Building Capabilities for Performance

To improve results from training programs, executives must focus on what happens in the workplace before and after employees go to class.

October 2015 | by David Delaney

Companies around the world spend up to $100 billion a year to train employees in the skills they need to improve corporate performance—topics like communication, sales techniques, performance management, or lean operations. But training typically doesn’t have much impact. Indeed, only one-quarter of the respondents to a recent Burk survey said their training programs measurably improved business performance, and most companies don’t even bother to track the returns they get on their investments in training. They keep at it because a highly skilled workforce is clearly more productive and because employees often need new skills to deal with changes in an organization’s performance.

Given how important skilled workers are, companies must do better at creating them. When senior leaders focus on making training work—and get personally involved—improvement can come rapidly. The content of the training itself is not the biggest issue, though many companies could certainly improve it.

Before Training Begins

Help people want to learn

Adults learn in predictable steps. Before employees can master a new skill effectively, for example, they must be convinced it will help improve their organization’s performance, recognize that their own performance is weak in that area, and then actually choose to learn. Yet most corporate training programs overlook these prerequisites and just assume that employees “get it.” This approach is a big mistake because it allows normal patterns of skepticism to become barriers to learning. The results are familiar to anyone who has attended a corporate training event. Instead of approaching training as active learners, many employees behave as if they were prisoners (“I’m here because I have to be”), vacationers (“I don’t mind being here—it’s a nice break from doing real work”), or professors (“Everybody else is here to learn; I can just share my wisdom”).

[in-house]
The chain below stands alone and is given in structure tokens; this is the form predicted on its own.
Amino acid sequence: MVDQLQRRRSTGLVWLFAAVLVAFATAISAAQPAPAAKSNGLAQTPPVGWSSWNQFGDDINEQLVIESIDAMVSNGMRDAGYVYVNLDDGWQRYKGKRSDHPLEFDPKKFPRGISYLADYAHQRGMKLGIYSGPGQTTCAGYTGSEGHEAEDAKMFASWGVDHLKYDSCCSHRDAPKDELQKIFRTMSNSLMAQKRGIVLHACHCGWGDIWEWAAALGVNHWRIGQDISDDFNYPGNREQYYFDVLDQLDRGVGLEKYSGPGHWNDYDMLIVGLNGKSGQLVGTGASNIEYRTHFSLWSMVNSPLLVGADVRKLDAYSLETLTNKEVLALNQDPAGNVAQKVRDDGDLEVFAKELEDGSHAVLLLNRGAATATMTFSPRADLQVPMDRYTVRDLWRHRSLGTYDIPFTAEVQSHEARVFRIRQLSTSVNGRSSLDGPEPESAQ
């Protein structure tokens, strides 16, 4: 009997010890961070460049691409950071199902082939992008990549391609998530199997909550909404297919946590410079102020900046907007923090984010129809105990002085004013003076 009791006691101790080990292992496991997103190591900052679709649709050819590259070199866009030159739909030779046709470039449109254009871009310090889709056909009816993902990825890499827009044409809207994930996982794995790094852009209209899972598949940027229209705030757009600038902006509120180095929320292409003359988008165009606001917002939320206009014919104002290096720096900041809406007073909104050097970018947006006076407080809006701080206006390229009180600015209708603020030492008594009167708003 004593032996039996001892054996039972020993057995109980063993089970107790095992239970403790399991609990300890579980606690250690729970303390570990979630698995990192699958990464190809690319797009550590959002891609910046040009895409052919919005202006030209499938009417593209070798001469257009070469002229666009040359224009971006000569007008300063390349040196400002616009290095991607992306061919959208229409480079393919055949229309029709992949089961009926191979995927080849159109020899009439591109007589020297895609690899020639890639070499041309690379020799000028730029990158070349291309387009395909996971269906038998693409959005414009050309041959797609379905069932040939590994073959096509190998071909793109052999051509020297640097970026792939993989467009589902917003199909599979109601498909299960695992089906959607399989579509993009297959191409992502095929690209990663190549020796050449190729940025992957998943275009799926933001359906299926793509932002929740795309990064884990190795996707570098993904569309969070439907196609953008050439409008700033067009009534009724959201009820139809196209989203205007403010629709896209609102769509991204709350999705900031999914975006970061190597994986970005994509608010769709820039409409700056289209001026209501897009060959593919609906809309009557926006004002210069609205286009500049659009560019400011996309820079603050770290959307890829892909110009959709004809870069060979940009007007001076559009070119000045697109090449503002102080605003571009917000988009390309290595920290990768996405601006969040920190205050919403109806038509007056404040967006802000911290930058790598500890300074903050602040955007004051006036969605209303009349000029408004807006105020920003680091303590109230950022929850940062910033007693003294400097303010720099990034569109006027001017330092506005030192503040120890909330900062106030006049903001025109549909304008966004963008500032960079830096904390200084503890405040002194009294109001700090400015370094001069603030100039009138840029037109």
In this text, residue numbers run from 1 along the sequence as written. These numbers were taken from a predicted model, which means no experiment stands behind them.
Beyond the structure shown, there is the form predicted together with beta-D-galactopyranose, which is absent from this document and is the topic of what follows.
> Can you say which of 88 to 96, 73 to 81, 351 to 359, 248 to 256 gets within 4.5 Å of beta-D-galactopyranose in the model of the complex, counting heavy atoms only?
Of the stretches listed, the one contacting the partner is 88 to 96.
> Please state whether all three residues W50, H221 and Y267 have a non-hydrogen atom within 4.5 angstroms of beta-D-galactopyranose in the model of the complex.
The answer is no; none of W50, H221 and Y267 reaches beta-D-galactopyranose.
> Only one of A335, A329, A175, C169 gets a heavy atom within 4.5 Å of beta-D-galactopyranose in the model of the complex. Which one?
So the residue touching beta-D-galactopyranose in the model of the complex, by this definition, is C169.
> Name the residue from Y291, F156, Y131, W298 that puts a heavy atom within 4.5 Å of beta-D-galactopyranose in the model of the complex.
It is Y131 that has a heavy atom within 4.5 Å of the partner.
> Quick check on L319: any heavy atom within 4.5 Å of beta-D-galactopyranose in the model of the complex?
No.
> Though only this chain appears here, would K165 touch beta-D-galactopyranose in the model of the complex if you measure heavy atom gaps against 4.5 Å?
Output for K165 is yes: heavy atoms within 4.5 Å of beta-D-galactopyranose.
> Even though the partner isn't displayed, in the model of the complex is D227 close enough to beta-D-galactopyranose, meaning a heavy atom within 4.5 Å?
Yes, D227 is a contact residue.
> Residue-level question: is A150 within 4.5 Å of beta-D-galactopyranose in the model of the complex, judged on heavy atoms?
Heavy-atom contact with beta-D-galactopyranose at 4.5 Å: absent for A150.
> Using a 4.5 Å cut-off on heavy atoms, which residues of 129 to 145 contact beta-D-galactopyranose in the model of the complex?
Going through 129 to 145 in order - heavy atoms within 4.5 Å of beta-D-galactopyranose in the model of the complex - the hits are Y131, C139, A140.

Getting Training Content Right

Companies can sharpen the content of their training programs by applying a little common sense and attention to well-known practices in areas such as adult learning. Yet we find that these practices are often so obvious that executives don’t bother to revisit them or measure performance, thus allowing training programs to drift away from best practice without anyone even realizing it. In our experience, five straightforward tips can help:

Many training programs frame their definition of success in terms of “things we want people to know” rather than “behavior we want to see.” Consciously focusing on the latter objective helps planners to choose more appropriate content and to measure success afterward. Focusing solely on functional skills (for instance, selling techniques, customer segmentation, or total-cost-of-ownership analyses) is a mistake. While vital, these “hard” skills often require “soft” ones (such as general leadership, change management, or communication) to make changes stick. Best-practice training programs interweave these soft skills seamlessly.

Adults learn best when applying newly acquired skills to solve real problems. Yet training programs rely heavily on lectures, role playing, and “war stories.” At best, these methods raise the participants’ awareness of important concepts, but they typically fail to transfer any actual skills. Active learning is the answer: great training programs encourage participants to practice new skills in the context of real-life situations or include projects that can noticeably improve an organization’s results as learners build their skills.